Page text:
Cropside: Avoiding the burn

AGRONOMIC INFORMATION FROM ONTARIO'S CROP SPECIALISTS

Ben Rosser, Corn Industry Program Lead, Ontario Ministry of Agriculture, Food and Rural Affairs

AS THE OMAFRA corn specialist, I am often called to the field to figure out what has gone wrong when there are signs of injury in the crop. This summer, one such visit diagnosed fertilizer injury, which can cause root loss, early growth retardation, uneven emergence, or poor germination of seedlings. Here are some tips you can use to diagnose and mitigate this problem in your own field, as authored by Alissa Reid, OMAFRA field crops summer student.

DIAGNOSIS
Look at stand development. The first red flag of fertilizer burn is often variability in stand, as fields often appear to have different stages of development and may have gaps in rows (Figure 1). Dig up and compare plants, as fertilizer burn is highly evidenced in the roots. You may notice that smaller, delayed plants may be missing seedling roots, causing delayed growth. The radicle, which is the first root to develop after germination, may be missing or blackened as a result of fertilizer injury. Similarly, lateral seminal roots may be missing, appear shortened, or have black or brown tips; evidence their growing points have died off (Figure 2). Dig to the appropriate seeding depth where there are gaps in rows, as non-germinated or failed seeds are another symptom of fertilizer stress (Figure 3).

FIGURE 1. VARIABLE STAGING AND GAPS IN CORN STAND AS A RESULT OF VARIABILITY IN FERTILIZER INJURY.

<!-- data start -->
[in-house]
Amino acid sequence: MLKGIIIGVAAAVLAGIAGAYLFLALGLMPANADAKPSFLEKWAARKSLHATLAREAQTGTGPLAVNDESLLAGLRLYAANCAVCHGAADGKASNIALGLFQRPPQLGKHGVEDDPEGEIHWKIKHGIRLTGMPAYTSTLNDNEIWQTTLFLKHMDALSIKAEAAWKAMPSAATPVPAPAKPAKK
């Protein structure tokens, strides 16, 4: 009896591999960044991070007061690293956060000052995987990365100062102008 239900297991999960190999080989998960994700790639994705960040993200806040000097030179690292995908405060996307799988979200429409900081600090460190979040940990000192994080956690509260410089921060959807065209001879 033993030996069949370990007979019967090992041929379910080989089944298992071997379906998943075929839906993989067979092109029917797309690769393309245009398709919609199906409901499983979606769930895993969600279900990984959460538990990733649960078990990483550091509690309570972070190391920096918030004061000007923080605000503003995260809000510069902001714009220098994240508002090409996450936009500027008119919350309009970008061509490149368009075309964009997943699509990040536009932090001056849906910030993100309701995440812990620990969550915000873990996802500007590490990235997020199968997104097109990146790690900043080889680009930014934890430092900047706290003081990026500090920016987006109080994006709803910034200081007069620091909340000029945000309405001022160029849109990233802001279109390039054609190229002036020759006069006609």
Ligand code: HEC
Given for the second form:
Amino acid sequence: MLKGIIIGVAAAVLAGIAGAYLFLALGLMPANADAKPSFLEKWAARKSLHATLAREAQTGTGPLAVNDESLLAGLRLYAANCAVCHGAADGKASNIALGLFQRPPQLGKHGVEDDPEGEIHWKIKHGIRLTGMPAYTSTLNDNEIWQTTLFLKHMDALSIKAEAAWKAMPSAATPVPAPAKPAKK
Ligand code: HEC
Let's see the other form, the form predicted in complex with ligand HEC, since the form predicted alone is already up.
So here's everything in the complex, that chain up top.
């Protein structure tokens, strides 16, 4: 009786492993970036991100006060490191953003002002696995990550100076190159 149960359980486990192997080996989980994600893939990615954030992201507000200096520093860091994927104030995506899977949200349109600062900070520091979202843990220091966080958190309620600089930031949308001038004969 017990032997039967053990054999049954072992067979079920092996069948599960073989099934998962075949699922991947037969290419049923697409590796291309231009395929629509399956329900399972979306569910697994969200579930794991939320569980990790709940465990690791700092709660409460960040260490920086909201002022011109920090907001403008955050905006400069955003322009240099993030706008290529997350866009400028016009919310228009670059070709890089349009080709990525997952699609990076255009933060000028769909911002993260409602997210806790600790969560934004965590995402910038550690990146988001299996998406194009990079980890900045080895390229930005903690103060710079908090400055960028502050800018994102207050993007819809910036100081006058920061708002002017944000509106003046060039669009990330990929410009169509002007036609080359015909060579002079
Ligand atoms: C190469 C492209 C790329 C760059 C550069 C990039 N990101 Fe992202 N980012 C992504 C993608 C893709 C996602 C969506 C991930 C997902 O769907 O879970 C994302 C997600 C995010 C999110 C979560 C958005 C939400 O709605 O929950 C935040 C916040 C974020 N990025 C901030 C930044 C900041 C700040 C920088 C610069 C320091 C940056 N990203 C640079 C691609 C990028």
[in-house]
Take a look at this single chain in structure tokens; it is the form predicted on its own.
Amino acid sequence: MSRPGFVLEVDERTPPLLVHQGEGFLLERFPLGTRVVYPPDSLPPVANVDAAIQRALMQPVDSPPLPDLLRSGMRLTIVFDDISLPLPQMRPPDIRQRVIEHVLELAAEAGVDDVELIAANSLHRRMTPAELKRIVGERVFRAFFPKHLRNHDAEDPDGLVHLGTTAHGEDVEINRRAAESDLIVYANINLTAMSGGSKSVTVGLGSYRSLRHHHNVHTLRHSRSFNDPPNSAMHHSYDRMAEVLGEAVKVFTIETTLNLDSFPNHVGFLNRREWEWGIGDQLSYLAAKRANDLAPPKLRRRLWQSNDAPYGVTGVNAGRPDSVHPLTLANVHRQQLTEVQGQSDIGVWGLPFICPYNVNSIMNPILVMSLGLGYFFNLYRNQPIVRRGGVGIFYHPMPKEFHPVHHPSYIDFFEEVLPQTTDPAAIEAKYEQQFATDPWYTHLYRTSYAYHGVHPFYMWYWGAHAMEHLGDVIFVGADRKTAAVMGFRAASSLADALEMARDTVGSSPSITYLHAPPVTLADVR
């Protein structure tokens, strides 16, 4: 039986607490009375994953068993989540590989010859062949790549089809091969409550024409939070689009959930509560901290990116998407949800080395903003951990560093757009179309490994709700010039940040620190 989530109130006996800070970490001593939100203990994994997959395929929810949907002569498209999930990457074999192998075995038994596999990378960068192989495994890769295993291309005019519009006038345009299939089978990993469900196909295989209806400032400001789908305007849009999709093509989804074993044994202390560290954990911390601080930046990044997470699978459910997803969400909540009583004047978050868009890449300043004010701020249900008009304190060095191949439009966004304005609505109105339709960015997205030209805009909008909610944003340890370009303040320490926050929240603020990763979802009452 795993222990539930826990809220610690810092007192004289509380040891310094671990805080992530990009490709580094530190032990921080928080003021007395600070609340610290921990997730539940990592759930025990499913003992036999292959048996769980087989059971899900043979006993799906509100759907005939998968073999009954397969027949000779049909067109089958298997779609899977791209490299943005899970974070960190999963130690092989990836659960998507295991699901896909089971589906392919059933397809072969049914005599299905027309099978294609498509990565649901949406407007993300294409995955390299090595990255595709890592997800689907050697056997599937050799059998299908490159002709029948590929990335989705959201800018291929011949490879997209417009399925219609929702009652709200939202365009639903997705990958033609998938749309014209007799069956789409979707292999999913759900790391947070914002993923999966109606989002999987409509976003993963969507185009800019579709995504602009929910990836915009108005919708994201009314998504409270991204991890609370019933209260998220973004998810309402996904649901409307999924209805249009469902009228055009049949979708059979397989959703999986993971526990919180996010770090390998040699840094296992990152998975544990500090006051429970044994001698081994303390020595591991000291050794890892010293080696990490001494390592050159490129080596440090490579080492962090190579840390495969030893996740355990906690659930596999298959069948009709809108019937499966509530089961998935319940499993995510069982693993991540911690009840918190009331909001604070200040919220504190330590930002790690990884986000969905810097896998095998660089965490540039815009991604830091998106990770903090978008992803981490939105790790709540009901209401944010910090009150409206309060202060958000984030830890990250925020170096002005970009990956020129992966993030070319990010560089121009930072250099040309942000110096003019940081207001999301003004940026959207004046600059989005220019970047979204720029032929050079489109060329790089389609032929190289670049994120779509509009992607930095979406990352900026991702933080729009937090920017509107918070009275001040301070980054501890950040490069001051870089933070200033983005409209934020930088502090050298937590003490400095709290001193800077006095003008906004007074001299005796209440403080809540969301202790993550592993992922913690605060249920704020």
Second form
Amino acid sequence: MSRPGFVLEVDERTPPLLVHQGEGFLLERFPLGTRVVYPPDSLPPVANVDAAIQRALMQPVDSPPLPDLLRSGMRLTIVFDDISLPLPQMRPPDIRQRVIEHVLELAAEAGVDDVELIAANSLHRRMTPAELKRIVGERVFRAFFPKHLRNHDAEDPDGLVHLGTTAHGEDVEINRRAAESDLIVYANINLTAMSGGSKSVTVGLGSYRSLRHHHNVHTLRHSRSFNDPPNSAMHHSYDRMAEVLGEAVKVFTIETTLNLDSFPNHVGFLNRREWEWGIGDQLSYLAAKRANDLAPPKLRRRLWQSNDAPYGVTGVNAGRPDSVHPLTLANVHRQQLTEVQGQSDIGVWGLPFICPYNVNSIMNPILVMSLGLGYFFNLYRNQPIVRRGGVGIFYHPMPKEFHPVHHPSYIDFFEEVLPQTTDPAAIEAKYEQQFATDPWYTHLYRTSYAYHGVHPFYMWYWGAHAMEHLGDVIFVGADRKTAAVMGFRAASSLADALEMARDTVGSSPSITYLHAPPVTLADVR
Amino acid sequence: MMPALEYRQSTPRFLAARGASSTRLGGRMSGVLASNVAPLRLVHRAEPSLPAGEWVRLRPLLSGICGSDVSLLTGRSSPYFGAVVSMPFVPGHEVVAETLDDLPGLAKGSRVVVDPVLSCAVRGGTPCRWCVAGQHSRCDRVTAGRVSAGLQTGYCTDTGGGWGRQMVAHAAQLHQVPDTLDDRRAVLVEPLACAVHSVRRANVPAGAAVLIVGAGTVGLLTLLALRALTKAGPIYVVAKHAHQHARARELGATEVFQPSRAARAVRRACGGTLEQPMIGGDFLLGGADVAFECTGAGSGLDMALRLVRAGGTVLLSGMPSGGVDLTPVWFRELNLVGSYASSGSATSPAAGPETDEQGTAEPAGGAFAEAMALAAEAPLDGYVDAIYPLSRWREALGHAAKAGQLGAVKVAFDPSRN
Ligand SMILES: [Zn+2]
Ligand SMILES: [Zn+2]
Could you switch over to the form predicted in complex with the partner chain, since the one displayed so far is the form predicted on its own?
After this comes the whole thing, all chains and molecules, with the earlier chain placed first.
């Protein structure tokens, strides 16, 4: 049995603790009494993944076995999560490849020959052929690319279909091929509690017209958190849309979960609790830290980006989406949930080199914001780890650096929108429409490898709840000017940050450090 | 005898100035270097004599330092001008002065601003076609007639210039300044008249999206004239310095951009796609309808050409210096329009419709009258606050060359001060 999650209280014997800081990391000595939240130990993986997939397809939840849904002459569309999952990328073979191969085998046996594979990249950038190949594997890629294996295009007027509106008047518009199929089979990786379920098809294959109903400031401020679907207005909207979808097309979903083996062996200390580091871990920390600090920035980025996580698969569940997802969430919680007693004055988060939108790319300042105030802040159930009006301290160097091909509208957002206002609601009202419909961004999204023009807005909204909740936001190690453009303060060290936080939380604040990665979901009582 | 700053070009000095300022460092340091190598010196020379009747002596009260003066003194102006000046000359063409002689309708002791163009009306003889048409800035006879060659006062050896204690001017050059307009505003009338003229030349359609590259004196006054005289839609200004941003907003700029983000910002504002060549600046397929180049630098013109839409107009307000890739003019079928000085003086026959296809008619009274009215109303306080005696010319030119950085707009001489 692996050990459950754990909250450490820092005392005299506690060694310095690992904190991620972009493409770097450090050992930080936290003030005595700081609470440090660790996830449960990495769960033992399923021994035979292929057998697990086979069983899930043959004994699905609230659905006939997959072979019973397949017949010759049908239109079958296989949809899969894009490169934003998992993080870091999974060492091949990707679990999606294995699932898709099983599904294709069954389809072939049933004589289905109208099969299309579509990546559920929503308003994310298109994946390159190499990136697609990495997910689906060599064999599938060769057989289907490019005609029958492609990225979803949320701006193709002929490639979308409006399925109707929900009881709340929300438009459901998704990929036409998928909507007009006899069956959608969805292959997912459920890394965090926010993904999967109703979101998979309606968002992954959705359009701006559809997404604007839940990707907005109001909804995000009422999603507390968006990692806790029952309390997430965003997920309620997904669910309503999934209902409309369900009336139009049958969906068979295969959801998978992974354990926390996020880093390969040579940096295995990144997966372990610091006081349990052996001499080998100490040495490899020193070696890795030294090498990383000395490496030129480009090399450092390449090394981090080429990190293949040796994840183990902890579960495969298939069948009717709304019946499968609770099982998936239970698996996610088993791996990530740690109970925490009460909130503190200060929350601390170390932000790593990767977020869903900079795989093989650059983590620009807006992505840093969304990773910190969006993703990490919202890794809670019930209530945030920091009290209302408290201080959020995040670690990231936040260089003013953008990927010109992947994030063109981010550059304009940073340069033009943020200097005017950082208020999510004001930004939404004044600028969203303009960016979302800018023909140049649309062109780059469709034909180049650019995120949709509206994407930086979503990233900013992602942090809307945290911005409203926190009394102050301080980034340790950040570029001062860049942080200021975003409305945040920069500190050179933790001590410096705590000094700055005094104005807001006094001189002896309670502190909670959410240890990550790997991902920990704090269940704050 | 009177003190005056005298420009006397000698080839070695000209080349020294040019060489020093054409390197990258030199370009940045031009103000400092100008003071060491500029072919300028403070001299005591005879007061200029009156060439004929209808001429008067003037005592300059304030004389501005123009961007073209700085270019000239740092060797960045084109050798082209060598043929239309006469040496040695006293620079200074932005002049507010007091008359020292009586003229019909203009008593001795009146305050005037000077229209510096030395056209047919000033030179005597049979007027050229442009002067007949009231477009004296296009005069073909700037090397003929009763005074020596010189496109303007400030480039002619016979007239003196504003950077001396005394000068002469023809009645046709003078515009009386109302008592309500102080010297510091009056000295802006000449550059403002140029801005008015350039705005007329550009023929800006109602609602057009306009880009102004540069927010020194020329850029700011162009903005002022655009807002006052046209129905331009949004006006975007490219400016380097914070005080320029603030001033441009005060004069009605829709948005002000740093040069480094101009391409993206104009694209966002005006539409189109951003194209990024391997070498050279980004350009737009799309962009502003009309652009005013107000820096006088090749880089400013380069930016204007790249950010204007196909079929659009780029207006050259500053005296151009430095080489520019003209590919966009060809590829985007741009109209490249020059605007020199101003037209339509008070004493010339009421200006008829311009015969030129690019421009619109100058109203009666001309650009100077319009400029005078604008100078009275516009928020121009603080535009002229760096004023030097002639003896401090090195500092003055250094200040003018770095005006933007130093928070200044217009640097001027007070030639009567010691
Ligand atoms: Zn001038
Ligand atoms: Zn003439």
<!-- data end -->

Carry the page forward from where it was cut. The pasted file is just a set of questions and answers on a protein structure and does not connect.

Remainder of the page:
FIGURE 2. CORN SEEDLING WITH MISSING SEEDLING ROOTS DUE TO EXCESSIVE CONCENTRATED FERTILIZER IN SEED ZONE.
FIGURE 3. UNDER DEVELOPED PLANT WITH FERTILIZER-INJURED ROOTS AND CORN SEED IN STAND GAP WHICH HAS FAILED TO GROW.

MITIGATING THE BURN
Refer to the safe rates of fertilizer found in Publication 811, Agronomy Guide for Field Crops or Publication 611, Soil Fertility Handbook (Table 1). Fertilizer burn is highly dependent on environment (soil moisture, texture, organic matter), and these rates are a general guideline only, as even they can cause injury under riskier conditions. Safe rate recommendations for urea-based fertilizers are lower than other fertilizers due to their added risk of ammonia toxicity. •

TABLE 1. SAFE FERTILIZER RATES FOR CORN IN 30” ROWS (PUBLICATION 811, AGRONOMY GUIDE FOR FIELD CROPS).
About Ben Rosser 11 Articles
Corn Industry Program Lead, Ontario Ministry of Agriculture, Food and Rural Affairs

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